By Jon Ungoed-Thomas, February 5 2017: One of the world’s biggest manufacturers of chemical and oil products has threatened the National Trust with legal action to force it to allow exploration for shale gas on its land.
Ineos Shale, part of the Ineos Group, which is headed by the billionaire Jim Ratcliffe, is the country’s leading shale gas company. It has government licences that give it access to about 1m acres of potential shale gas reserves.
These includes National Trust land at Clumber Park, near Worksop in Nottinghamshire.
However, the trust has refused access to the historic country park for seismic surveys, arguing that it has “a presumption against fracking on our land” and will not allow access for exploration.
An investigation by Greenpeace into fracking has established that Ineos Shale has threatened the trust with compulsory access to the land under the Mines (Working Facilities and Support) Act 1966.
Tom Pickering, operations director of Ineos Shale, which is based in London, confirmed last week that the company had warned the trust that it could use the act, but said he hoped negotiations would continue.
He said: “If we cannot achieve access by negotiation, then the provisions under this act are available to us and we would pursue them.”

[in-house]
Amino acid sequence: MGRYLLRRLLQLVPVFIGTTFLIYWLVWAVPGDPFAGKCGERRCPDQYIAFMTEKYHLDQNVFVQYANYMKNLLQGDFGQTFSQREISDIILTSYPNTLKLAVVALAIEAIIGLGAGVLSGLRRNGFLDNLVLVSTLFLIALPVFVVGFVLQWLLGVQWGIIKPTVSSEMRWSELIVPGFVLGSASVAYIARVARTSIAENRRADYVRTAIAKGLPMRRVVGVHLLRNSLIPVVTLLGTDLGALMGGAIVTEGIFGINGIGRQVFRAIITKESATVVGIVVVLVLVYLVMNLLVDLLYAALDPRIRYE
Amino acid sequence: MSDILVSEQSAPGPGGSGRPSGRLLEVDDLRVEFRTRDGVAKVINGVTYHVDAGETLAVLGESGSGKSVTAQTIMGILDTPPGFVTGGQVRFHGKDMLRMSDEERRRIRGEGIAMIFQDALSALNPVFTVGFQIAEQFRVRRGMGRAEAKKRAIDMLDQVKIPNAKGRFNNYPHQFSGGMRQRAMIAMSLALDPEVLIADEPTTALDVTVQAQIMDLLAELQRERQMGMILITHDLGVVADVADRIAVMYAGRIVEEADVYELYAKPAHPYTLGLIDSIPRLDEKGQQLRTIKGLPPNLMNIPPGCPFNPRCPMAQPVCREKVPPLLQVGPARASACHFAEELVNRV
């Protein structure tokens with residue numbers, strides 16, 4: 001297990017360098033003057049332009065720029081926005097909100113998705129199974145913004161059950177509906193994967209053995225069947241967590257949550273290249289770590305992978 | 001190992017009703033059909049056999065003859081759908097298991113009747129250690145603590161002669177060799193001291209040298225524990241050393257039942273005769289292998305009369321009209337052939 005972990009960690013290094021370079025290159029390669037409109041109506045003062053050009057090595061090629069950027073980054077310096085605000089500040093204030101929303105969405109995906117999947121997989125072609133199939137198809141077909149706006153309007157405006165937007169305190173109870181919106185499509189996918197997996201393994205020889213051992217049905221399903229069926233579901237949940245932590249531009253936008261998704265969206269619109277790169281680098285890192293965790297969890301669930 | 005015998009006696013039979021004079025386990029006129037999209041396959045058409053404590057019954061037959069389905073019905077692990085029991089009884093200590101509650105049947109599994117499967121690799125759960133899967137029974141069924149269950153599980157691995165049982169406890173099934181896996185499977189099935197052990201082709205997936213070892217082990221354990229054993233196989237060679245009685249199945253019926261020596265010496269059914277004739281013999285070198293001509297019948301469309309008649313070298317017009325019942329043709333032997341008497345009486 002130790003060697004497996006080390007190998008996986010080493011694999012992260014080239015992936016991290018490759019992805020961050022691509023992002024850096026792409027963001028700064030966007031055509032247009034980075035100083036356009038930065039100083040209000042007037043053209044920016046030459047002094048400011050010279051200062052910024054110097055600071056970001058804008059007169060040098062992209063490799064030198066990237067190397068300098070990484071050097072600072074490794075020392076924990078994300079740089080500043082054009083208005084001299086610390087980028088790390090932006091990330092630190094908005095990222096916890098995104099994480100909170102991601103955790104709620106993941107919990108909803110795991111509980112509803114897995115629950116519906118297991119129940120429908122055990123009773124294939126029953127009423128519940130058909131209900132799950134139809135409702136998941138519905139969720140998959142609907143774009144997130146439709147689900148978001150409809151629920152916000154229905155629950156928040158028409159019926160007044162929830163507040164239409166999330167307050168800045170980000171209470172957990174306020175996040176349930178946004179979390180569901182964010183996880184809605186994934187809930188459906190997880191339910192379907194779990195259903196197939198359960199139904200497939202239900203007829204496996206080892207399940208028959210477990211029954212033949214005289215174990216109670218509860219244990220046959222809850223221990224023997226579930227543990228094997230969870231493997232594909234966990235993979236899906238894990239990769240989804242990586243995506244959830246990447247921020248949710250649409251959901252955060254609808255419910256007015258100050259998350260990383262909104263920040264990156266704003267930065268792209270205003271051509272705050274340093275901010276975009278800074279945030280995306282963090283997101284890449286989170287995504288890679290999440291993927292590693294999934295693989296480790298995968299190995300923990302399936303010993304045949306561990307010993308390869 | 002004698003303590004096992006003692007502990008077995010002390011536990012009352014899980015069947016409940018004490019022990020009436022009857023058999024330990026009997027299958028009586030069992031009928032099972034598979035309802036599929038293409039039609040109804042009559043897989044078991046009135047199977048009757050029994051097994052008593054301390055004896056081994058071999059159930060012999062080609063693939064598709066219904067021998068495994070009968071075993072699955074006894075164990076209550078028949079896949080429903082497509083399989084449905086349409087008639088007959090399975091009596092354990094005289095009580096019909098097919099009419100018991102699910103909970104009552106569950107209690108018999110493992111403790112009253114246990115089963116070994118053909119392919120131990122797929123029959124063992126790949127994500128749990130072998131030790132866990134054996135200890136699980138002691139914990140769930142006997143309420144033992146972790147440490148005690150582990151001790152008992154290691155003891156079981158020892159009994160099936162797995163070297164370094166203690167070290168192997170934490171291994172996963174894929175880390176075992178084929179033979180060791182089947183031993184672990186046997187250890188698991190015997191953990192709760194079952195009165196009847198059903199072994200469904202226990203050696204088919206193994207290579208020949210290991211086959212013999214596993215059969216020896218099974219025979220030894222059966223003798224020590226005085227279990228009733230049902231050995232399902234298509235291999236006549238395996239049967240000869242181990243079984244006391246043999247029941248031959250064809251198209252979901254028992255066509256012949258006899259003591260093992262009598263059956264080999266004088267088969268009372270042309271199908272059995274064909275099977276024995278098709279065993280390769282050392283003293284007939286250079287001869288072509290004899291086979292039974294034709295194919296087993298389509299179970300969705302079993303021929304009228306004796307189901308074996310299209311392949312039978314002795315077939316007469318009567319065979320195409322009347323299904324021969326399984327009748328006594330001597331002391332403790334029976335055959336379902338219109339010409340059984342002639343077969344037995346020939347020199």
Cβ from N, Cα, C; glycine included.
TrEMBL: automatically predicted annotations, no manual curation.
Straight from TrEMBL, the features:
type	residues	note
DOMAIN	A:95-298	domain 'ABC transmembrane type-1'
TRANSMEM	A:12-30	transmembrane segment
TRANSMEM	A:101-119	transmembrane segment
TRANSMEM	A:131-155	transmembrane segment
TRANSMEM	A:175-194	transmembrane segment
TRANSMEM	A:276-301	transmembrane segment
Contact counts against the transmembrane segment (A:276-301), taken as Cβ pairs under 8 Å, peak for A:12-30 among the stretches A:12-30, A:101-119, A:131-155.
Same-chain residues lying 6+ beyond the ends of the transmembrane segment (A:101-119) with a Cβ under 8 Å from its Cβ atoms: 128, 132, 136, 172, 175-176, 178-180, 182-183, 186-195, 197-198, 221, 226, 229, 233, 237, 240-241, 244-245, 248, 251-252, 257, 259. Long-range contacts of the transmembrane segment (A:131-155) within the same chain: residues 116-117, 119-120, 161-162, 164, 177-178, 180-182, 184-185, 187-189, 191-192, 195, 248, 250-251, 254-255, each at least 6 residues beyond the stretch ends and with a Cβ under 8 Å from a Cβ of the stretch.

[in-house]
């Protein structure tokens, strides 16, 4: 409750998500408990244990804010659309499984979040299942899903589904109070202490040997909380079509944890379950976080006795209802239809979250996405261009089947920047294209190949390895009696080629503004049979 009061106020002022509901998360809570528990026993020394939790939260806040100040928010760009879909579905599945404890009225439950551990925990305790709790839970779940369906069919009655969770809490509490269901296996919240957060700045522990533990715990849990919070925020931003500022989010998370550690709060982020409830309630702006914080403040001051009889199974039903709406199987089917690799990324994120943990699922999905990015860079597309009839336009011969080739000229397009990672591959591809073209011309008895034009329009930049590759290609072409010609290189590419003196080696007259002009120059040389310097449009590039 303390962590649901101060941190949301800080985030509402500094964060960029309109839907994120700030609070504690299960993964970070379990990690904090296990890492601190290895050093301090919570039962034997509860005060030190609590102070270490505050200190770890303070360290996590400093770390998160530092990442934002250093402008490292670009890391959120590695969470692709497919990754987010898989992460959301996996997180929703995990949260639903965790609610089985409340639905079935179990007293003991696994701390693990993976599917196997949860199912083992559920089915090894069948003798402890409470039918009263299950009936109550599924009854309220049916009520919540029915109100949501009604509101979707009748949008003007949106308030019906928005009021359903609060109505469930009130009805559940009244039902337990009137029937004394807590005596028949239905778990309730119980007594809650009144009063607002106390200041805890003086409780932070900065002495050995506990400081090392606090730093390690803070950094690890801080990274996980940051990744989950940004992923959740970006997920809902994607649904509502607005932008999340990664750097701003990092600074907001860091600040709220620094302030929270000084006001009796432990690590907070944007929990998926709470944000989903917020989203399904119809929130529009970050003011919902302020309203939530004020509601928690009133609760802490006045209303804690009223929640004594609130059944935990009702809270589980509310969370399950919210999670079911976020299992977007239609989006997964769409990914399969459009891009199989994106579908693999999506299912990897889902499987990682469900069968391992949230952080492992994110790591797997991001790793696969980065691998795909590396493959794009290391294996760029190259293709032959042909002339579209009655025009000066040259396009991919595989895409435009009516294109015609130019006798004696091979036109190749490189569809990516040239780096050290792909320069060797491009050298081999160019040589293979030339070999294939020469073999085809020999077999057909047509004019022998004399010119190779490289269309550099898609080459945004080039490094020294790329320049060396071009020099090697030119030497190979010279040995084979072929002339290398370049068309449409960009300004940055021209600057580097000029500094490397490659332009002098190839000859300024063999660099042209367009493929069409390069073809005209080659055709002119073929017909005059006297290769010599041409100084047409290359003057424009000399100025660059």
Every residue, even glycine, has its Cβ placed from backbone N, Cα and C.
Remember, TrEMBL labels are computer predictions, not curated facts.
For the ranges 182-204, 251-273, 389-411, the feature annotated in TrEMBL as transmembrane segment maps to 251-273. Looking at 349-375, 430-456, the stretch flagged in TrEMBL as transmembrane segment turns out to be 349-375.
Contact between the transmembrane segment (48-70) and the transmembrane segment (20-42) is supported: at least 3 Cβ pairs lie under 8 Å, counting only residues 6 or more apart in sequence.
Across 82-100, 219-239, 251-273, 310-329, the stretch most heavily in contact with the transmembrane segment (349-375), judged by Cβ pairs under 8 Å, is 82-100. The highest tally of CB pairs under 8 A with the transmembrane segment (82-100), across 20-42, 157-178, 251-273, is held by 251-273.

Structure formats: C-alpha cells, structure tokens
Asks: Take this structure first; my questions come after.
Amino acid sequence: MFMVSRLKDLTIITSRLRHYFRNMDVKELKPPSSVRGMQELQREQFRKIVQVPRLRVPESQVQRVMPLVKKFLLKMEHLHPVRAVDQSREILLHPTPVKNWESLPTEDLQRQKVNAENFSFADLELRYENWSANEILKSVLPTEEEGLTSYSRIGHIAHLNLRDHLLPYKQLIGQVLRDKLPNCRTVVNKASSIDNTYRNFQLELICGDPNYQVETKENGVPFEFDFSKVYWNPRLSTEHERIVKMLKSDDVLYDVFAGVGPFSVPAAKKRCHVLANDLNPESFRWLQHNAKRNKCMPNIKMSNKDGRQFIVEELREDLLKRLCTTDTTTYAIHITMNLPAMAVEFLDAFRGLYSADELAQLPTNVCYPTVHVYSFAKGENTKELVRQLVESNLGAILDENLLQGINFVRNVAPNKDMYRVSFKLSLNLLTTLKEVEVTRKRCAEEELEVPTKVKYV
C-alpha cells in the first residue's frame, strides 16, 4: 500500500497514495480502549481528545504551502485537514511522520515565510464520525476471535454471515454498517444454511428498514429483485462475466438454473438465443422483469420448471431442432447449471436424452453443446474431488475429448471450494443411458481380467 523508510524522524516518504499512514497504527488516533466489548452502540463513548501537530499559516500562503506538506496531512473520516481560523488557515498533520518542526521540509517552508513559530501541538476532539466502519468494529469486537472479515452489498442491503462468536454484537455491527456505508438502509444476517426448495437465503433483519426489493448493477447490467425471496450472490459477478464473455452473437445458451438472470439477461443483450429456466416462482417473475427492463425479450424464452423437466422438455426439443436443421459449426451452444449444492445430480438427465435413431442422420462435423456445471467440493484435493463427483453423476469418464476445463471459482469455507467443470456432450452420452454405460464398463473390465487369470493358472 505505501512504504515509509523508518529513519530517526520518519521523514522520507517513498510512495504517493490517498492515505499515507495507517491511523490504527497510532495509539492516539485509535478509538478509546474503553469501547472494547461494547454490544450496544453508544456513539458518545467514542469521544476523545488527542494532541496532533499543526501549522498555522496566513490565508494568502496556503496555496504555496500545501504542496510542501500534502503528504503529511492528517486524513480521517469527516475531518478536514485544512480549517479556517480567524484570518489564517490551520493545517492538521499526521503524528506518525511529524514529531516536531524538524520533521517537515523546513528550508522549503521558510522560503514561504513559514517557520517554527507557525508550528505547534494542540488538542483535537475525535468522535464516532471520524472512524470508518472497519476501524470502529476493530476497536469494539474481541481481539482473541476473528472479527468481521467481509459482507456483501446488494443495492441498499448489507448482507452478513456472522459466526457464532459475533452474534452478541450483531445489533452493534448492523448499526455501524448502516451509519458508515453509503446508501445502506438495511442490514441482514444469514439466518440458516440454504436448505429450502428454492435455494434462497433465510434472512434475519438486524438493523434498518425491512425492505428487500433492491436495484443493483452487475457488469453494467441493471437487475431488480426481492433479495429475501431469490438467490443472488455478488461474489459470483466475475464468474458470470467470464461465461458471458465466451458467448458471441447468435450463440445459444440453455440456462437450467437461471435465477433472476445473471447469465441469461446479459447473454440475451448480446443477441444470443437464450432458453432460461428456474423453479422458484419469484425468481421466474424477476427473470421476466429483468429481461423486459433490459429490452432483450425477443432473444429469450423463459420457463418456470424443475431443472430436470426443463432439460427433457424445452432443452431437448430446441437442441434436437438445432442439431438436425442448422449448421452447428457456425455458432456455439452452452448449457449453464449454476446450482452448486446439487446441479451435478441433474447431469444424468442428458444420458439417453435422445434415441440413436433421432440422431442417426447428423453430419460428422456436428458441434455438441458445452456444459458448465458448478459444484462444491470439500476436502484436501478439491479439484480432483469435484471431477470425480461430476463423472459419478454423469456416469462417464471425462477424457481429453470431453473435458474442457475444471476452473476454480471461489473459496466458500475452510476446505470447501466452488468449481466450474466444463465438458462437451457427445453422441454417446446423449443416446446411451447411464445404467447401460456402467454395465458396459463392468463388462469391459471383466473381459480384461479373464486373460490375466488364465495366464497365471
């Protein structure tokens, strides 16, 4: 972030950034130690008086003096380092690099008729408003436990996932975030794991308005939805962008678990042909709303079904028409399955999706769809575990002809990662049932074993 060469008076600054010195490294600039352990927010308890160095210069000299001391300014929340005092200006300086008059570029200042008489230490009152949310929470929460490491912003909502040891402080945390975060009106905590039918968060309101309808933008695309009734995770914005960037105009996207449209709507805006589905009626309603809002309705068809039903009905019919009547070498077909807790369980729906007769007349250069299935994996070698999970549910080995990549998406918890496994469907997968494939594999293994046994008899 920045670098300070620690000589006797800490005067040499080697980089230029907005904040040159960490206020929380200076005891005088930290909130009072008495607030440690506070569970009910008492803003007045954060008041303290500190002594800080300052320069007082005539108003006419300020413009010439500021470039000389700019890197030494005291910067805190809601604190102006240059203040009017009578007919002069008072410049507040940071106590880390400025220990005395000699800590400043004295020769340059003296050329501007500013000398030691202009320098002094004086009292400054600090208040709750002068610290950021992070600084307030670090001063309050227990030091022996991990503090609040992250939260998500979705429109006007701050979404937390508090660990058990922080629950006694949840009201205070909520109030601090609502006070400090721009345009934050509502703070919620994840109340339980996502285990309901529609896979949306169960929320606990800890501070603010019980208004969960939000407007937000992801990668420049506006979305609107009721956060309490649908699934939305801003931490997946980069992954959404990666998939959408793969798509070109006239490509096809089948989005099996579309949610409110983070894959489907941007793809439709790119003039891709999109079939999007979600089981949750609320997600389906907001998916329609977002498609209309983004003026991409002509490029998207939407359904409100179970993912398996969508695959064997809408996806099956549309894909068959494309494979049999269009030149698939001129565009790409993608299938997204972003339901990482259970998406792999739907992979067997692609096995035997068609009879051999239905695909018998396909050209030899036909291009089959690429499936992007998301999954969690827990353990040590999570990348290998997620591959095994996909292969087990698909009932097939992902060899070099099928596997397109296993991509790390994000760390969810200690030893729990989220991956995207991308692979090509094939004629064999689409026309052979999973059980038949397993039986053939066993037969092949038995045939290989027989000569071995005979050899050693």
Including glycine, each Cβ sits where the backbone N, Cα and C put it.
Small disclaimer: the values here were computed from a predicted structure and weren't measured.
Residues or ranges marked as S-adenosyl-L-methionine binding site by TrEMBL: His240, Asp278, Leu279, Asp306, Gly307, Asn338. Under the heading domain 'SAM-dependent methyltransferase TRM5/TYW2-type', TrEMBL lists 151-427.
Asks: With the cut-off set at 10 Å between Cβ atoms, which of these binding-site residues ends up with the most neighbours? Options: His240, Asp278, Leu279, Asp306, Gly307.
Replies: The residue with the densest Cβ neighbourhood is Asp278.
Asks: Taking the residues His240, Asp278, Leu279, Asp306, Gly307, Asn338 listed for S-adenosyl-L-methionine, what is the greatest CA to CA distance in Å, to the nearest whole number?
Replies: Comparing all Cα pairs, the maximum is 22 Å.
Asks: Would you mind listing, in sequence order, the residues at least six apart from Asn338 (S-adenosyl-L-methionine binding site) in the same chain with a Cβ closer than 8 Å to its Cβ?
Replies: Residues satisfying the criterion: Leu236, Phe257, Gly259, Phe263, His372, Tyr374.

Ineos would require ministerial approval as well as a court order to gain access to the popular park, which consists of 3,800 acres of scenic woodland heath and pasture and boasts a walled garden and the longest double avenue of lime trees in Europe.
The potential legal battle could prove an important test case for the trust’s position on fracking.
Richard Hebditch, the trust’s external affairs director, said the Ineos request for a seismic survey for shale gas was the first on trust land. He said the trust was standing by its decision to turn down the application. He said: “The trust is opposed to fracking on its land and will reject any fracking requests or inquiries.”
One of the main reasons the trust opposes fracking is the fact that it contributes to carbon emissions. However, Ineos argues that gas releases about half the carbon emissions of coal when burnt and claims it can play a key role in helping Britain move towards a greener energy policy.
Ineos has been accused of using “bullying” tactics to gain access to land for surveys. Documents obtained by Greenpeace under freedom of information legislation reveal that the British Geological Society claimed Ineos was using the society’s name without authorisation to persuade landowners to allow it onto their properties.
Ineos said it had investigated and there was no evidence of any bullying tactics or misleading information being given.